Honda's fifth-generation CR-V is was completely redesigned for 2017 and it continues to be a top competitor in the compact SUV landscape. Outside, the CR-V benefits from styling that Honda describes as bold and sophisticated, with an aggressive, "windswept" front end and sculpted sides. Inside, the cabin yields more space than previous iterations, with 106 cubic feet of total passenger cabin volume, including 39.2 feet of cargo space behind the rear seats and 75.8 cubic feet with the rear seats folded flat. Underpinning it all is a chassis that allows the CR-V to be agile in its handling capabilities while still offering a cushy ride, thanks to a suspension system comprised of MacPherson struts in front and a multi-link setup in the rear.
Honda's proven 2.4L 4-cylinder powers the base LX model, providing 185 horsepower and 180 pound-feet of torque, while returning an EPA-estimated 26 mpg in the city and 32 mpg on the highway, in front-wheel-drive models. Meanwhile, the CR-V EX, EX-L and Touring trims are powered by a 1.5L turbocharged four. This unit produces 190 horsepower and 179 pound-feet and is EPA-rated at 28 mpg in the city and 34 mpg on the highway on front-wheel-drive models. These figures for both engine options are only reduced by 1 mpg in the all-wheel-drive models. Both engines are mated to a continuously variable transmission.
Like much of Honda's lineup, the CR-V is offered in four trims: LX, EX, EX-L and Touring. LX models ride on 17-inch alloy wheels and feature LED daytime running lights, taillights, turn signals, and brake lights, as well as a tailgate spoiler. Standard features include automatic air conditioning, cruise control, Bluetooth hands-free connectivity, a 160-watt, 4-speaker audio system with Pandora compatibility, active noise control and premium cloth seating, with a one-motion 60/40 split "dive-down" rear seat.
In addition to the 1.5L turbo, EX trims add 18-inch alloy wheels, keyless entry with push-button start, automatic headlights with auto high beam and integrated turn signals in the mirrors. Inside, you'll find heated front seats with an 8-way powered driver's seat, a 6-speaker audio system with 7-inch color display and Apple CarPlay and Android Auto functionality, a power moonroof and dual-zone automatic air conditioning. Standard safety technology on the EX includes blind spot information, a driver attention monitory, rear cross-traffic monitor and Honda SENSOR, a suite of technologies that feature collision mitigation braking, adaptive cruise control, lane-keeping assist and lane departure warning.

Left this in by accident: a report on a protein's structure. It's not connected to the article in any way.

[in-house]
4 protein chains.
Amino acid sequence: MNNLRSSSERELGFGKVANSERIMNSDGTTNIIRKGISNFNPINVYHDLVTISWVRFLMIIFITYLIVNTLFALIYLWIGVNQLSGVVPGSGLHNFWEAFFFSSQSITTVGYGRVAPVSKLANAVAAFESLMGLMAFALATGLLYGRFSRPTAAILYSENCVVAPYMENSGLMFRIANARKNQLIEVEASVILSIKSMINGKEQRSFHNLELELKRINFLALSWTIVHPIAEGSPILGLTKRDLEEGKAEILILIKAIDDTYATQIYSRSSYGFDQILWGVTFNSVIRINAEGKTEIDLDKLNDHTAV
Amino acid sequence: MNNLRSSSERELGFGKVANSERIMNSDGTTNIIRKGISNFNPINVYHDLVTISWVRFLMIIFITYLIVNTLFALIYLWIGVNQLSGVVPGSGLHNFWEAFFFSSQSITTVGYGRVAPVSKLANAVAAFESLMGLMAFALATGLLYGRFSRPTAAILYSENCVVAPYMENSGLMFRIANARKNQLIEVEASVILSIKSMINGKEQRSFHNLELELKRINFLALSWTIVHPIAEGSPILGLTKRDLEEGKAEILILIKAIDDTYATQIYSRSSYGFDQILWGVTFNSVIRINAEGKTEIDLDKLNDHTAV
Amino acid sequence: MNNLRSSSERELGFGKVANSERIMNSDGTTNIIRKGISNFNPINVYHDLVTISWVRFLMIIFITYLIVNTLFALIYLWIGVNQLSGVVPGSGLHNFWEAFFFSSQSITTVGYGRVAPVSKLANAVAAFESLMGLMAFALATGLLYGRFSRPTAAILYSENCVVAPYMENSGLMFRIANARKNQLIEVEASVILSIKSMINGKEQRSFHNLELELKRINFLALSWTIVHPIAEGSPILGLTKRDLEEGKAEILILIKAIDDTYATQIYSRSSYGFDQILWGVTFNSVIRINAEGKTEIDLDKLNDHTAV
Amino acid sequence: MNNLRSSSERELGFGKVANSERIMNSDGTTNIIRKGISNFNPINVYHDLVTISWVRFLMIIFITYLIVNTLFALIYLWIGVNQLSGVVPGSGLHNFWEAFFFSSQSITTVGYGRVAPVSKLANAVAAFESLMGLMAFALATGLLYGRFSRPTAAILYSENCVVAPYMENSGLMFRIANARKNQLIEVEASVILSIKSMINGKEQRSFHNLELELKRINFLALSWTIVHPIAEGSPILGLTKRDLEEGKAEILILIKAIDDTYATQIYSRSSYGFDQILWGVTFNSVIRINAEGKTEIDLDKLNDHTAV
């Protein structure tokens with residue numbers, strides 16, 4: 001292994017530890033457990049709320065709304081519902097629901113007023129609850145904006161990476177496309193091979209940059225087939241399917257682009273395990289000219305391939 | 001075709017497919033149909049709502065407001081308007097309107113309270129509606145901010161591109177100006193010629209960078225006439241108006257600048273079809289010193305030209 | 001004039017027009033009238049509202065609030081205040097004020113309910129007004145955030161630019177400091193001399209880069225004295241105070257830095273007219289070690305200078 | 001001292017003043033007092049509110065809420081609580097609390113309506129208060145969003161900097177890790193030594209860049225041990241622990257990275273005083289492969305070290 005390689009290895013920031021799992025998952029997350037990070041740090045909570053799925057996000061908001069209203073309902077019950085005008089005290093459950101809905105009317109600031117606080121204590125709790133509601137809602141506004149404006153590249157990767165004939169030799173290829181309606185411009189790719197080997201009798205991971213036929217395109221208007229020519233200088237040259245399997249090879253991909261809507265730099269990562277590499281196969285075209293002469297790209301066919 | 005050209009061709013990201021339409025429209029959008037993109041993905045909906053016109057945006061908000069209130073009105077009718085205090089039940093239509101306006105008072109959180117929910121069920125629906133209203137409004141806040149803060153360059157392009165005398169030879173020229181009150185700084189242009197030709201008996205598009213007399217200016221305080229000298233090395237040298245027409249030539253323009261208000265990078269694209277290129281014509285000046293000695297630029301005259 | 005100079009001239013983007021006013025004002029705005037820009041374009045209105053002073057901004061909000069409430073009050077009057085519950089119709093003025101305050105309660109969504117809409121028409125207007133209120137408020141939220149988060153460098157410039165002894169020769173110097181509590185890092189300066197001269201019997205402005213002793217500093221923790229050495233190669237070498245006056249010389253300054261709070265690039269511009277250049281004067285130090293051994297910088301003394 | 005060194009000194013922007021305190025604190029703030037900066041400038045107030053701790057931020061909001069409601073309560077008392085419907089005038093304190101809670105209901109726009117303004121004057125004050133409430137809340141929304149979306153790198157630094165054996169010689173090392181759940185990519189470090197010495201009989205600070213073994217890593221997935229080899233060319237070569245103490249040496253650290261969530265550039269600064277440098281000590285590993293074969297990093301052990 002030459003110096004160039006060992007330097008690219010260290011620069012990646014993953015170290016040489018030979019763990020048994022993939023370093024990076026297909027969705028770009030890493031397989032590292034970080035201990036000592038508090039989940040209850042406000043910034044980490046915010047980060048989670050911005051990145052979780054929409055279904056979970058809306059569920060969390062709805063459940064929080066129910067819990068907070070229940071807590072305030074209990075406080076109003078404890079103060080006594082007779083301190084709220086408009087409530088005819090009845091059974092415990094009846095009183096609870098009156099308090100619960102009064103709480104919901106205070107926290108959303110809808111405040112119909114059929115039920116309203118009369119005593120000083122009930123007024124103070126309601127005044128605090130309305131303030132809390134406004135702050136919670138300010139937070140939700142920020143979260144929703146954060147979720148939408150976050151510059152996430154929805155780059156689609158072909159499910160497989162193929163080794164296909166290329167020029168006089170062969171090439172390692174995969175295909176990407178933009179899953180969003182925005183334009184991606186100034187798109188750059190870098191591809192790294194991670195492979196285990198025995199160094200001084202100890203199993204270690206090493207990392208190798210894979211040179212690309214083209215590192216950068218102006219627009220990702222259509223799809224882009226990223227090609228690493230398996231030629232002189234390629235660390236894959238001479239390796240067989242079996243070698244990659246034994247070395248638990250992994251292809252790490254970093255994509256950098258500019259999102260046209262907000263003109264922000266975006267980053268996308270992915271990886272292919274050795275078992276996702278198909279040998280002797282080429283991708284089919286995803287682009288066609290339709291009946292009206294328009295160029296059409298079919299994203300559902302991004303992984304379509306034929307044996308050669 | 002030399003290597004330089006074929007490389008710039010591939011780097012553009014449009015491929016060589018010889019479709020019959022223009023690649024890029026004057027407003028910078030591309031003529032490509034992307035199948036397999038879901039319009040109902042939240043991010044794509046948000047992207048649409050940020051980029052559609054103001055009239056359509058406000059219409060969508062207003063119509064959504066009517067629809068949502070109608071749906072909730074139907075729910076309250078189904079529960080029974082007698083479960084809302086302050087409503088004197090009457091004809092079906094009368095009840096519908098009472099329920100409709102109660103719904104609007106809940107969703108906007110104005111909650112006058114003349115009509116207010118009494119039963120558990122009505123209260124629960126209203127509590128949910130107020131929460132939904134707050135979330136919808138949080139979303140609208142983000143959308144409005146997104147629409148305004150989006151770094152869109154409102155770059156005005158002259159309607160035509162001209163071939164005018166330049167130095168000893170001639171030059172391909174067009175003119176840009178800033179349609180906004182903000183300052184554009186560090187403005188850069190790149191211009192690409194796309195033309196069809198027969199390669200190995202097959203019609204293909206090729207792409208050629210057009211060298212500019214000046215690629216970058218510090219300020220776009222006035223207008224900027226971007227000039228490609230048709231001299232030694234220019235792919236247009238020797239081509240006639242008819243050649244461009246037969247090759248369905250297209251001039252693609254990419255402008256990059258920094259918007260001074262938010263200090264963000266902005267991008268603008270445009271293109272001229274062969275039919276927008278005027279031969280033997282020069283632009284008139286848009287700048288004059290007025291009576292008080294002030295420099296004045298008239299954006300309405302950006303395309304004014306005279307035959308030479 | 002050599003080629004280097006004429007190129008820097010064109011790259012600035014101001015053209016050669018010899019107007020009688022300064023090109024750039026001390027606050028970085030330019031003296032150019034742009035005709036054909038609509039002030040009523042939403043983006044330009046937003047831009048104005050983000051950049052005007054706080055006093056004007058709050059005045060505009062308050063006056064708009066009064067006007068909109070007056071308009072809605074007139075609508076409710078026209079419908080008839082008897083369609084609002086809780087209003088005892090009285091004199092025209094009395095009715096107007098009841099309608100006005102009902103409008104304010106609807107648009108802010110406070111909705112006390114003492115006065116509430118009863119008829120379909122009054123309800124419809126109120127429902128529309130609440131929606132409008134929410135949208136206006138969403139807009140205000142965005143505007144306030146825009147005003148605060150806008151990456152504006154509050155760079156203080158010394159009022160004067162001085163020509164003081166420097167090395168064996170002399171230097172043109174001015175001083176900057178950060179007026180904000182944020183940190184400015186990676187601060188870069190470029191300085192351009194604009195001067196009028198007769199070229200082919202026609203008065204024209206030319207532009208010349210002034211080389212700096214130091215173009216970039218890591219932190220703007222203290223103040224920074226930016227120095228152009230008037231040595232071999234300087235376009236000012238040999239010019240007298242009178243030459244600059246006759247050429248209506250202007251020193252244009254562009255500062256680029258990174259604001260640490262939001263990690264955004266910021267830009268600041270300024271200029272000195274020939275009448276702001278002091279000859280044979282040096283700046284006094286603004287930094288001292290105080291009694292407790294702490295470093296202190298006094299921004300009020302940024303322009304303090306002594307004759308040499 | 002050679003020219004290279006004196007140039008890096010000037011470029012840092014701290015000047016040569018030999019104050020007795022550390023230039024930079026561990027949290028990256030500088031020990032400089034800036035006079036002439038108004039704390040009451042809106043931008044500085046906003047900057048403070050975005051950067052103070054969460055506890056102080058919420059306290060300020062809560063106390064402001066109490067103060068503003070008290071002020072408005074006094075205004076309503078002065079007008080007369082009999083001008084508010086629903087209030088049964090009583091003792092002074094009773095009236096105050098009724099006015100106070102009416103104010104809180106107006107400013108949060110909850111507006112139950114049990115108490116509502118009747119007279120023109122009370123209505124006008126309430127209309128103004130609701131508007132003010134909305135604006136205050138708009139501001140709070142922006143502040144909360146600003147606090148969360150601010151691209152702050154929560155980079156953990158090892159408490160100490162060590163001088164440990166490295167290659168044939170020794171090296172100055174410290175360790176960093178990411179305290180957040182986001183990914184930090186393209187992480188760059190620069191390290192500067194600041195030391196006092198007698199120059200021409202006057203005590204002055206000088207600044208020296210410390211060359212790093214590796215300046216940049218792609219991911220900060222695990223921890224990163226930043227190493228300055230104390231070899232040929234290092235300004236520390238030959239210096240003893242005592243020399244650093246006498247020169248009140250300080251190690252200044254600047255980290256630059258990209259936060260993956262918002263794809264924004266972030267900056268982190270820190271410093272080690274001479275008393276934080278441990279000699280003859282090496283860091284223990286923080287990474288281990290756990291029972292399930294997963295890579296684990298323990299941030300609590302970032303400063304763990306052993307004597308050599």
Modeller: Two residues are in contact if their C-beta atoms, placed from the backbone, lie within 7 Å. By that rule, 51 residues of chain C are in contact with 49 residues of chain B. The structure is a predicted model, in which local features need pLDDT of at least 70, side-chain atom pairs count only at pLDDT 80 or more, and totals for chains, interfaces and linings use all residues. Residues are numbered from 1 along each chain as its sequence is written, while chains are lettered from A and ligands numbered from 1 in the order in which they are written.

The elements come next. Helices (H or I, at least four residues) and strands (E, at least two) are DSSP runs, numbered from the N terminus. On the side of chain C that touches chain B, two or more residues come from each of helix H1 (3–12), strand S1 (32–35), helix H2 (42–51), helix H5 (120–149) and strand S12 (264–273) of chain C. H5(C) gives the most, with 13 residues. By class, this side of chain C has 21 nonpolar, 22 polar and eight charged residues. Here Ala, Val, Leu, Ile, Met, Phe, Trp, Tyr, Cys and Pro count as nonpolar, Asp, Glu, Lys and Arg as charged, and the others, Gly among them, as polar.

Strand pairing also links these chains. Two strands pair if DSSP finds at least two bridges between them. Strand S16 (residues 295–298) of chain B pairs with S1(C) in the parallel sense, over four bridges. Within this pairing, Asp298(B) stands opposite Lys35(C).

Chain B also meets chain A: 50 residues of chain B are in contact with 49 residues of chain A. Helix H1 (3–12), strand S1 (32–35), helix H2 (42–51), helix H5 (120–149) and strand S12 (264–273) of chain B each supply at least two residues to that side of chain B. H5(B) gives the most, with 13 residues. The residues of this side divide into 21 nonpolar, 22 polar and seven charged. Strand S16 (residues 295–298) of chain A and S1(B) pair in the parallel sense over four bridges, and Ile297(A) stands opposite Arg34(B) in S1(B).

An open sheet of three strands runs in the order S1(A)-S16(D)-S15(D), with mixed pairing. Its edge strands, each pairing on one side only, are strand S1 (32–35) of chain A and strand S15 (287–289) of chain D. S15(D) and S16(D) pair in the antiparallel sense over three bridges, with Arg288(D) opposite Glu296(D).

The EX-L trim adds luxury amenities like leather-trimmed seats, steering wheel and shift knob, 4-way power passenger's seat, a power tailgate, auto-dimming mirror, an 8-speaker sound system and SiriusXM satellite radio. Navigation is available on the EX-L.
Finally, the CR-V Touring features exclusive 18-inch alloy wheels, dual exhaust, LED headlights, roof rails, automatic wipers, a hands-free power tailgate and a 330-watt premium audio system with nine speakers.
Honda simply does it better. No other mass-market automaker builds as many all-around excellent vehicles. With unnerving consistency, this company's products are typically nicer to drive, more fuel-efficient, spacious inside and of higher quality than models fielded by rivals. The CR-V crossover embodies that ethos of excellence. A sales leader in America for more than 20 years, this perennially popular nameplate competes in the heart of the crossover market, battling opponents like the Kia Sportage and
To keep the CR-V fresh and help it fend off competitors that have been redesigned more recently, models like theand Honda has made a number of enhancements for 2020. Plenty of new technology and features have been added, but the price of a base LX model only creeps up by $600.
Headline news for the latest model year is the inclusion of Honda Sensing, which is now standard across the CR-V's model range. This is the automaker's handy suite of advanced driver-assistance technology. Among other things, it includes lane-keeping assist, forward collision warning, road departure mitigation and adaptive cruise control.
The Good ~ Comfortable accommodations ~ Excellent crash-test scores ~ Cavernous cargo hold ~ High-quality cabin
The Bad ~ Antiquated infotainment system ~ Weak CVT performance ~ Grumbly engine
The Bottom Line Spacious and efficient, comfortable, versatile, affordable and well-made, the Honda CR-V does nearly everything a crossover should, and it does it all with confidence and grace.
Built in collaboration with Jon Tuico, this Passport-based project vehicle is meant to create an overlanding sanctuary.
The Passport gets more aggressive with a new TrailSport sub-brand.
We'll see way more of "TrailSport" on future Honda SUVs and trucks, and the the Passport isn't a bad place to start.
There are two ways to get a stick this time around.
The first models to wear that badge will look -- not be -- tougher, but that could change in future model years.
Cheap doesn't mean crappy. These are the best cars and SUVs you can buy that are big on value.
If a massive SUV is too much, there's nothing wrong with a compact SUV that will likely serve your needs just as well.
And technically, it can be an e-bike with a set of pedals, too.